From Mark’s slide, when you bring people together it provides a framework on so many different levels. You come together to get away from familiar surroundings (home or the office). You come together to celebrate, show union, and strength or say farewell. You come together to figure out a problem and share. You come together as it feels so much better than being on your own.
From the events, here is what we saw where being ‘together changes everything.’
Familiarity with the main guest magnifies the occasion
Most of the audience was already accustomed to Mark (Schaefer) and his work over the years. Being a part of the YATM community was also easier for Mark as it was being amongst friends, rather than trying to work out who people were and their backgrounds or what level to deliver at. Even if people didn’t know Mark personally, there was every moment to step up and say ‘hello.’ We made sure that happened.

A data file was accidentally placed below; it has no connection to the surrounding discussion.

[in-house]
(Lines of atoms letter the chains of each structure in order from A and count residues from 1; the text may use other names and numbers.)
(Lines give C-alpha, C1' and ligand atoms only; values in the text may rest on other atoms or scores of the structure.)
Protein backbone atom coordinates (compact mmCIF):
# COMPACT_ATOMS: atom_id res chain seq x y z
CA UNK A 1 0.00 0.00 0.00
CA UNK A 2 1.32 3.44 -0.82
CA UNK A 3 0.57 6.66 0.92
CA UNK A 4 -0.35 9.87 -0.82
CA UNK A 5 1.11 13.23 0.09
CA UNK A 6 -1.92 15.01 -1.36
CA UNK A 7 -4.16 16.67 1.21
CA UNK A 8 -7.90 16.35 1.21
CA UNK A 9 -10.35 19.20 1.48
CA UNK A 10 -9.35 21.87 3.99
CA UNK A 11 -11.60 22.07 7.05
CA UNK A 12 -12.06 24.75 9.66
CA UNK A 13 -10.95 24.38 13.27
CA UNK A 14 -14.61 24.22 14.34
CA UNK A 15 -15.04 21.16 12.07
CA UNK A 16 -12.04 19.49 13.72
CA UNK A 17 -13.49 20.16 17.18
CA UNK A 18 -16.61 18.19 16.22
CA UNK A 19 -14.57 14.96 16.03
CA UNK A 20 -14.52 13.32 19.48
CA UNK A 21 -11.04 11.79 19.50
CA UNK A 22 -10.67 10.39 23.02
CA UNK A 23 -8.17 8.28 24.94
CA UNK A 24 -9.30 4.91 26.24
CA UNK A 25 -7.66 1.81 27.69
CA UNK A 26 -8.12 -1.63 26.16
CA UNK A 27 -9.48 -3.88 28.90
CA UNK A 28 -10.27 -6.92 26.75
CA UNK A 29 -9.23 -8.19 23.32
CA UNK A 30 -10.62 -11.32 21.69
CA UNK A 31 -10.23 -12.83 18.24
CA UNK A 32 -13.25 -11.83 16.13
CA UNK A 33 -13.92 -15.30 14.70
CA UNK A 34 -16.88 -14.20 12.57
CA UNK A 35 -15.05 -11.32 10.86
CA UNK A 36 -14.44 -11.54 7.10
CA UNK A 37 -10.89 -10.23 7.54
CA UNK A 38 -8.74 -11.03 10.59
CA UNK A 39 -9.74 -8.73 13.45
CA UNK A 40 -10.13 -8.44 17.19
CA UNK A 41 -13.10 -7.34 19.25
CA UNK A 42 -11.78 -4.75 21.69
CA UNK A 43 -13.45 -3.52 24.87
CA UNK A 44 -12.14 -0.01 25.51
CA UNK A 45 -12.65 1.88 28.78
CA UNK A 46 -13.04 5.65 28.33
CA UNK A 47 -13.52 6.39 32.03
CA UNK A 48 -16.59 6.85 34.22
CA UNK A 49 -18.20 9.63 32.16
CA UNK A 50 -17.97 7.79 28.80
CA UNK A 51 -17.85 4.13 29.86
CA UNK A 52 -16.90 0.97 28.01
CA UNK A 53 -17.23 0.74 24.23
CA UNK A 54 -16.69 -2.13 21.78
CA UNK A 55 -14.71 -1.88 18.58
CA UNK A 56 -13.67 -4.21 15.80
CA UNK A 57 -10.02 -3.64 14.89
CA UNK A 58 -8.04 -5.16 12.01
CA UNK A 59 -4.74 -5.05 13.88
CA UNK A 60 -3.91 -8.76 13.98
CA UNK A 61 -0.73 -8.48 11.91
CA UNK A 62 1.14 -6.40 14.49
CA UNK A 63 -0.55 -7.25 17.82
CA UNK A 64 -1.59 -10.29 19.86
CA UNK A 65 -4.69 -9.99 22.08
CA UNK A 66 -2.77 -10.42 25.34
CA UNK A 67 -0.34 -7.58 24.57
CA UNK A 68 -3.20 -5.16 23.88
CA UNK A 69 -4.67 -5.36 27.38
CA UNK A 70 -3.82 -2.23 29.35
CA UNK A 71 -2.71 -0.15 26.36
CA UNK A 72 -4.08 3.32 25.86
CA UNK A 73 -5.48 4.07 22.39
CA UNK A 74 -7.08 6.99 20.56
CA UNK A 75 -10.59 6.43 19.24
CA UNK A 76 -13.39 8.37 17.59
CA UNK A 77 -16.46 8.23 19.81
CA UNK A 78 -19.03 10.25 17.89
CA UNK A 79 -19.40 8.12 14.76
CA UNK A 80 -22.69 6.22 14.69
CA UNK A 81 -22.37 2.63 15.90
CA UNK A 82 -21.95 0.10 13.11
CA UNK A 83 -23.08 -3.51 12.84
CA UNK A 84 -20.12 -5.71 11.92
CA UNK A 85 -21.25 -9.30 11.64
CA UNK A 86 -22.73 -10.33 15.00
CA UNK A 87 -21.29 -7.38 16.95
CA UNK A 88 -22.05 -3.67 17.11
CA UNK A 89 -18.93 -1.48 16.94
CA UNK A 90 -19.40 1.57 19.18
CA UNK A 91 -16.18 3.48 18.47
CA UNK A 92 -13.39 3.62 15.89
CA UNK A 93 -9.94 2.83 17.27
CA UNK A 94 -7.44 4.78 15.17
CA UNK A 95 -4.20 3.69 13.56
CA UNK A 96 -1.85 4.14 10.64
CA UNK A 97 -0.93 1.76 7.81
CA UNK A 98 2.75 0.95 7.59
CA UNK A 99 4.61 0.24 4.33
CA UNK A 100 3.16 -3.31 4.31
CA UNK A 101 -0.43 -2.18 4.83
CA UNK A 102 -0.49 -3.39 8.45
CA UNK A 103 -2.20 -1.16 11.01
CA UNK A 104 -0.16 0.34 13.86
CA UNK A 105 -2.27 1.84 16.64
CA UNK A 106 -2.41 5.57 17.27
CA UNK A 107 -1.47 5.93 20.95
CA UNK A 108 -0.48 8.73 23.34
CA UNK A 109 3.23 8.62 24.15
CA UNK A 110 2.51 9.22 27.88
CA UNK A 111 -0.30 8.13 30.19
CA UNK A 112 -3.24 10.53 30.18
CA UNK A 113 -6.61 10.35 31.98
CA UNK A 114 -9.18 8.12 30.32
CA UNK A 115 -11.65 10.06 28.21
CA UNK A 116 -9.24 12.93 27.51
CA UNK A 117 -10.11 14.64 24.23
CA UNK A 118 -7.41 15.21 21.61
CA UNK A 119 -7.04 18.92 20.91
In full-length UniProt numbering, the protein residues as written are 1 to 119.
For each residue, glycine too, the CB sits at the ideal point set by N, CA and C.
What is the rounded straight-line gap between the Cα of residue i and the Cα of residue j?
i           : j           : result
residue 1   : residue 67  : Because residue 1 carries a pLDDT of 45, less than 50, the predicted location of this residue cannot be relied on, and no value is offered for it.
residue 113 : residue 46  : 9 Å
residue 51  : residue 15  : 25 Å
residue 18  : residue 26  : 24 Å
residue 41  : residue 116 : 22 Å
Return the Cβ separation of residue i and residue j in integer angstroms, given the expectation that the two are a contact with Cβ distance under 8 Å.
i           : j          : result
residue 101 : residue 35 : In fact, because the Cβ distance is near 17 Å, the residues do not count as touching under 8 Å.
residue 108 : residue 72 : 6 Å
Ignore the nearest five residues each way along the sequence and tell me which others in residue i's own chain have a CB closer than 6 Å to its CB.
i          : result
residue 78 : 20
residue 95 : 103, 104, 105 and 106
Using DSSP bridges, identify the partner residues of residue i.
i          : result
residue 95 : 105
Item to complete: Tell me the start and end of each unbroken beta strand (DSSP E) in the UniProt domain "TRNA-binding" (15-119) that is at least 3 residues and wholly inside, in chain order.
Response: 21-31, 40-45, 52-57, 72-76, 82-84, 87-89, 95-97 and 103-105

You connect the group
There have to be moments where people are encouraged to be in a smaller space. For instance, this could be the place to grab a bite to eat and a drink. During the lunch event, it was made to feel like a B2B wedding where we printed a table plan so everyone could see where who they were with. During the lecture event, people helped each other out by giving lifts to people they may necessarily know too well, to the after event.
Rituals give a sense of grounding
For all YATM events, since the start of COVID, we finish with a song. It’s a way to bring to a close that isn’t just an abrupt ending. Ryan Anderson closed our lecture event and we all sang together. It’s a way to connect everything together and that no matter the surrounding, it’s the stamp of what we do together. To others, it may seem chaotic, but if you are a part of YATM, you know it’s the way we say goodbye.